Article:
Radical Happiness

Originally posted on aplinglink:

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In an attempt to convey a more positive, upbeat, sunny view of things than I usually do, here’s a summary of an article from the 2014 Summer issue of the Anarcho-Syndicalist Review (ASR) on happiness.

There’s a new orientation within psychological research called positive psychology which studies well-being, happiness, and other positive aspects of people’s lives (see, for example, Keyes and Haidt, 2003 and Fredrickson, 2009). Happiness is a tricky construct for researchers to define; they tend to use terms like well-being, satisfaction and flourishing, and to examine experiences such as engaging in relationships, developing skills and contributing to society. There are a plethora of methodological issues in play here, but, in the spirit of the piece, I’ll keep my doubts to myself.

The article begins the review of findings by examining factors which have a low impact on happiness, the most notable being income and possessions. The best studies here…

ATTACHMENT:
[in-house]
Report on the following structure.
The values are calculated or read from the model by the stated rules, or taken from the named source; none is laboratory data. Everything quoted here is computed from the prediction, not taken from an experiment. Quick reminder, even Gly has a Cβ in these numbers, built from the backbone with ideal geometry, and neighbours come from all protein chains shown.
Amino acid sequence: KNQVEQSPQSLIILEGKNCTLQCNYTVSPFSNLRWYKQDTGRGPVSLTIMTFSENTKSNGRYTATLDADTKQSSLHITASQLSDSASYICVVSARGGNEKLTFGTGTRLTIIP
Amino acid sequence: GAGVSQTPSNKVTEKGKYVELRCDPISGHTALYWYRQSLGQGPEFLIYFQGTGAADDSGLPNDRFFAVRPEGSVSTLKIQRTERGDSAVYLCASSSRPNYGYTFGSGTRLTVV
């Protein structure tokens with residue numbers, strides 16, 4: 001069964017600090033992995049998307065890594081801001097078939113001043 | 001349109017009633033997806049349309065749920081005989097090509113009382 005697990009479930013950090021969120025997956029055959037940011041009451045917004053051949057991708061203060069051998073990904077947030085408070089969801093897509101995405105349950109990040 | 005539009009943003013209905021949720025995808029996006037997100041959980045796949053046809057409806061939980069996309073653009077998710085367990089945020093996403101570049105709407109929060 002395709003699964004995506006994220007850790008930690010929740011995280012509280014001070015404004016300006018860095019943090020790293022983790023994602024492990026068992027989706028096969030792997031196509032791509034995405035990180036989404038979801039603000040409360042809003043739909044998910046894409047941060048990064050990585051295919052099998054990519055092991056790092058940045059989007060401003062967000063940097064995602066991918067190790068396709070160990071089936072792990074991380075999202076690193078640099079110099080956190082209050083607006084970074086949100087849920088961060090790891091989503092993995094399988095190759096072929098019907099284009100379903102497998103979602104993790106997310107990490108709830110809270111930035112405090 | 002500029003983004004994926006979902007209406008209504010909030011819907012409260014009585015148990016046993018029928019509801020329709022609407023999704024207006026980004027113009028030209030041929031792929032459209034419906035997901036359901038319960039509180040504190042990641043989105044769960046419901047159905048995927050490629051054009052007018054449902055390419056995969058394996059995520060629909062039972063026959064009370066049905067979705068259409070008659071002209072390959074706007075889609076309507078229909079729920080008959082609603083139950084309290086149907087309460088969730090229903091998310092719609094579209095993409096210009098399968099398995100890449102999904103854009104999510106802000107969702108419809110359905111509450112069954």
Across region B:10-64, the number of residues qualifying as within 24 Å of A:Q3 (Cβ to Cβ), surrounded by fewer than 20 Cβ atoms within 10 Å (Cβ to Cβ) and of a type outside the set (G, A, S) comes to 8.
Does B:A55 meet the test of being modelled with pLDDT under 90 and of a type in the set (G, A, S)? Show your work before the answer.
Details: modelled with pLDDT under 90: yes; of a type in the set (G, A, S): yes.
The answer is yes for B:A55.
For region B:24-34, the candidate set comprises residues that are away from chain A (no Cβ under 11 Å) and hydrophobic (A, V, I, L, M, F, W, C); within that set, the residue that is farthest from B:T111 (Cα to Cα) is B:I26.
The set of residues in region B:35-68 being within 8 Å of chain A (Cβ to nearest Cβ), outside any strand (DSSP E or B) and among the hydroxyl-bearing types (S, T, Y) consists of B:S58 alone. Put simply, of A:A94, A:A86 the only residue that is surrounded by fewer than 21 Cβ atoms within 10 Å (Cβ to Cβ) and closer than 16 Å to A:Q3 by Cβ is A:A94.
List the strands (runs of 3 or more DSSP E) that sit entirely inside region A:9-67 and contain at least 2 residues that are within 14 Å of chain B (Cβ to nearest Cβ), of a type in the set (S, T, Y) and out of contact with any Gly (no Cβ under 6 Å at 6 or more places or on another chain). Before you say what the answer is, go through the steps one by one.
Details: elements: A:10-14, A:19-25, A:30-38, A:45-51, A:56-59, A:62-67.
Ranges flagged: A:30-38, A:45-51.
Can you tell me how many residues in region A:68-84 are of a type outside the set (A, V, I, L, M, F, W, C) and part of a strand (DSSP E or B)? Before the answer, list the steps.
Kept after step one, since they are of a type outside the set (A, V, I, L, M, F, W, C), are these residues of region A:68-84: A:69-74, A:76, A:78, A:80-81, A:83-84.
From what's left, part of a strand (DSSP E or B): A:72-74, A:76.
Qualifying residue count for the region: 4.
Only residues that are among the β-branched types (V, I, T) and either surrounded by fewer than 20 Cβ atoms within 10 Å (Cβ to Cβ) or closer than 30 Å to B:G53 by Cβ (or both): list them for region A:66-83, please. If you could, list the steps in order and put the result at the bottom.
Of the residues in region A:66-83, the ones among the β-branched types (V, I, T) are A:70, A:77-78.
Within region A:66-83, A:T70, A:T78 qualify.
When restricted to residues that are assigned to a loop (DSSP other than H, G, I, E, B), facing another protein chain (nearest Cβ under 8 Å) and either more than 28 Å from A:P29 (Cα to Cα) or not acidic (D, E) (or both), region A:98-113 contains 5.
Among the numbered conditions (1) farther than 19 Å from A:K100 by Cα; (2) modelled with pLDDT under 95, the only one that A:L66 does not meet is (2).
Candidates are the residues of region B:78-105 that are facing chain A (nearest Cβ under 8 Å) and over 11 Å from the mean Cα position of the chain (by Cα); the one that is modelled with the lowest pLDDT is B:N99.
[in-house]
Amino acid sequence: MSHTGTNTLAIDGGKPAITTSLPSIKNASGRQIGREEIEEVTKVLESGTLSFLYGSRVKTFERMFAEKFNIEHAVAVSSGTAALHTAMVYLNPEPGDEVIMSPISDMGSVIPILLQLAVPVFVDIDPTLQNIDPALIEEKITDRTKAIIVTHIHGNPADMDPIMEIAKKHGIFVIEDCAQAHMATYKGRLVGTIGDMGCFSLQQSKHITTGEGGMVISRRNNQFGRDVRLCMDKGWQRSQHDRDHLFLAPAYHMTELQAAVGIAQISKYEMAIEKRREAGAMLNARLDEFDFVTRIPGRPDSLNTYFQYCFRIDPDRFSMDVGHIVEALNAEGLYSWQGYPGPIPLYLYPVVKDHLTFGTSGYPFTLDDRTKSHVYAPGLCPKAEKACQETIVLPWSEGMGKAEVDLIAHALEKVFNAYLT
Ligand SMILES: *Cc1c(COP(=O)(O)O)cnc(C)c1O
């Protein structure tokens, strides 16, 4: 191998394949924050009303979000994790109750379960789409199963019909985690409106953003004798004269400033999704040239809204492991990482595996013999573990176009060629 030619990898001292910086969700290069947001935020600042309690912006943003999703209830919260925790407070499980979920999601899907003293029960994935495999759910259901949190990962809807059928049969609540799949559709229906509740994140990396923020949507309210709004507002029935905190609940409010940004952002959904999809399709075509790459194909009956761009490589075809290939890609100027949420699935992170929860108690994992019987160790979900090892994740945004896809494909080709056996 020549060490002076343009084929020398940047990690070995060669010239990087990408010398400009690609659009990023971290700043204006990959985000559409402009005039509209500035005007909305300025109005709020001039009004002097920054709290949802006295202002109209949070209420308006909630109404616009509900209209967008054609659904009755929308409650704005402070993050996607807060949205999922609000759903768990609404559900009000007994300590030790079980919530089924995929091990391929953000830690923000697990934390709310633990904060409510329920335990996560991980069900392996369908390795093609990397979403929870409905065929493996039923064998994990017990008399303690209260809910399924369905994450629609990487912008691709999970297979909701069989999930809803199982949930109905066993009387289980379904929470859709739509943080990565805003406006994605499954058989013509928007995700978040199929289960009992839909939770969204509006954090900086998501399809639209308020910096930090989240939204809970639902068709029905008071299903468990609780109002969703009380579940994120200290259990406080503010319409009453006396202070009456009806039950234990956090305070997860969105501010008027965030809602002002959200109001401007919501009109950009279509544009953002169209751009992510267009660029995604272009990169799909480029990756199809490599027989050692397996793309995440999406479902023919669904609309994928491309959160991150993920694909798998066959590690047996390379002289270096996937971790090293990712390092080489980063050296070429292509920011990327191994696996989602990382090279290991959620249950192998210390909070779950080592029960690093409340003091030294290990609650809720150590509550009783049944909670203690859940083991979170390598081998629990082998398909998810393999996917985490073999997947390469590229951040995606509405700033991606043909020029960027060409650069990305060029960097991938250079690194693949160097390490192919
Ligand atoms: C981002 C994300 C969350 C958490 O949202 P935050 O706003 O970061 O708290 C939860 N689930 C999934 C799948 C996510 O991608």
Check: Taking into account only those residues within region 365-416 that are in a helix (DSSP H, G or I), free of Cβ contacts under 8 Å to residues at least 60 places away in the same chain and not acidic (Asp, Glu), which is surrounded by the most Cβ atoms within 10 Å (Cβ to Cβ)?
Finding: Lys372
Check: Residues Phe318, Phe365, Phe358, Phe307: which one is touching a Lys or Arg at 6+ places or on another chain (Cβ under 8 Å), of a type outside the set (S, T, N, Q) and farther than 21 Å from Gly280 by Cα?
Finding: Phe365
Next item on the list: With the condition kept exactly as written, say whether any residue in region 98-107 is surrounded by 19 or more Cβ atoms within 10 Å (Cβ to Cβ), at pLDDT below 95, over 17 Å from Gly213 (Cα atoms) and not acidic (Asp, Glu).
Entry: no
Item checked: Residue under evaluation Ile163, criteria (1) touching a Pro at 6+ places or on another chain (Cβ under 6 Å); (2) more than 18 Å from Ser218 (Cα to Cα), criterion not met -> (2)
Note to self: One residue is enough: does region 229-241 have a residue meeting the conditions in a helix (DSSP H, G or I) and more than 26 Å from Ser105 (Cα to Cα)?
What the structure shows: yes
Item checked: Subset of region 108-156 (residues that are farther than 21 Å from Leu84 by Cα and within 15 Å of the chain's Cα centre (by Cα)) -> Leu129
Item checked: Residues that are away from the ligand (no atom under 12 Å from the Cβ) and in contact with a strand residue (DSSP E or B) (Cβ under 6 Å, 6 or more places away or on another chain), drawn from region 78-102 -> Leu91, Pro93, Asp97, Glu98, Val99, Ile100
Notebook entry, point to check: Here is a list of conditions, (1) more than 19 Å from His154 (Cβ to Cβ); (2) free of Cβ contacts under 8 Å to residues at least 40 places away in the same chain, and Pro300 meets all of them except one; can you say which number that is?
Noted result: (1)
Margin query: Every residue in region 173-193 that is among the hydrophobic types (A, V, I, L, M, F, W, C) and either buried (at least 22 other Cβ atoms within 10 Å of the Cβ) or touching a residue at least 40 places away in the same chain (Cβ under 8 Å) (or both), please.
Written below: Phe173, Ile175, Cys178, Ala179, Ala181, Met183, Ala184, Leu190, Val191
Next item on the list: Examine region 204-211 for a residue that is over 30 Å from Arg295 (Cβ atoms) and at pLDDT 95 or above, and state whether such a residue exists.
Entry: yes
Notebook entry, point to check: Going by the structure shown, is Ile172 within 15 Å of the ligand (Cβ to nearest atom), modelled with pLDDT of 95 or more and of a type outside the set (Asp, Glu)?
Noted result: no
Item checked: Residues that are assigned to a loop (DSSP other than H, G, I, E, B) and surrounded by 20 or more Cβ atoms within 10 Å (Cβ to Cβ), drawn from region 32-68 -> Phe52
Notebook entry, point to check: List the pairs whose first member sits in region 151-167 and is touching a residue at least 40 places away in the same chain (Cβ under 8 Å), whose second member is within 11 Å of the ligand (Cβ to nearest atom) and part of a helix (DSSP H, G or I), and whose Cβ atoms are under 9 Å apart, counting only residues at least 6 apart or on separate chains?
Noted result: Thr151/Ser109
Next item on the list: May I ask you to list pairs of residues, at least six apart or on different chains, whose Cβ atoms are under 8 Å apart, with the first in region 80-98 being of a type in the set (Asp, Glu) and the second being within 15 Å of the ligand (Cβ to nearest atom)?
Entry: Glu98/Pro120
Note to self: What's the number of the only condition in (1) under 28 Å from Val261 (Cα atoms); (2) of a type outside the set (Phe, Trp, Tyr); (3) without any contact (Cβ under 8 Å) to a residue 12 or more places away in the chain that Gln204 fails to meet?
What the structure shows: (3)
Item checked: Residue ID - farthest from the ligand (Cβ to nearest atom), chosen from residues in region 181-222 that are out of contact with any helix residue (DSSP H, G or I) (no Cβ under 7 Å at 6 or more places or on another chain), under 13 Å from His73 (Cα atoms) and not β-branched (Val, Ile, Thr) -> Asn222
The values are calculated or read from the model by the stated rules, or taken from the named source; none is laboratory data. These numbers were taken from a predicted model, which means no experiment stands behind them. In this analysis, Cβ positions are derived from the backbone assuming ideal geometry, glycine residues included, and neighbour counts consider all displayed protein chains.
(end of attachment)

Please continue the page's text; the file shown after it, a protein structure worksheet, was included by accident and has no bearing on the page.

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Don’t do it.

Originally posted on Candy'Stripe:

This was going to be another fulminating rant about the status quo in EFL, but honestly, I’m too damn tired to summon up the energy. That’s not to say I won’t have wound myself up to a fine pitch by the end, but here at the beginning, the tone is one of profound weariness. I have worked for some 14 years in EFL and it has to be the most soul-destroying, thankless task ever. The actual teaching and the students are not what I’m on about here – although they too can be a royal pain in the nethers. It’s the whole sorry industry – and for all my 14 years in the business, it has taken just 6 months for me to come to that depressing conclusion. Because you see, during the first 13 years, I worked on a full-time permanent contract with all the things that comes with…

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ELT Hackathon

Originally posted on Language Moments:

Hackathons have become part of the professional lexicon in Berlin. The event, which can last anything from one day to a whole weekend and sometimes a whole week, is a place for like minded individuals to get together and create something to solve a problem. Hackathons have burst out of their techie bubble and are taking a number of industries by storm and are even being used to solve social problems in some sectors.

The concept is that a large group of professionals come together normally over a number of days to engage in collaboration. The general consensus is that each participant / group of participants can work together on whatever they want. Some view the importing of a concept or common goal or improvement as a bit of a bastardization, but others say it adds value with clearly-definable success criteria. For the purpose of playing around with the idea…

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Ms. Potts Presents the Present Perfect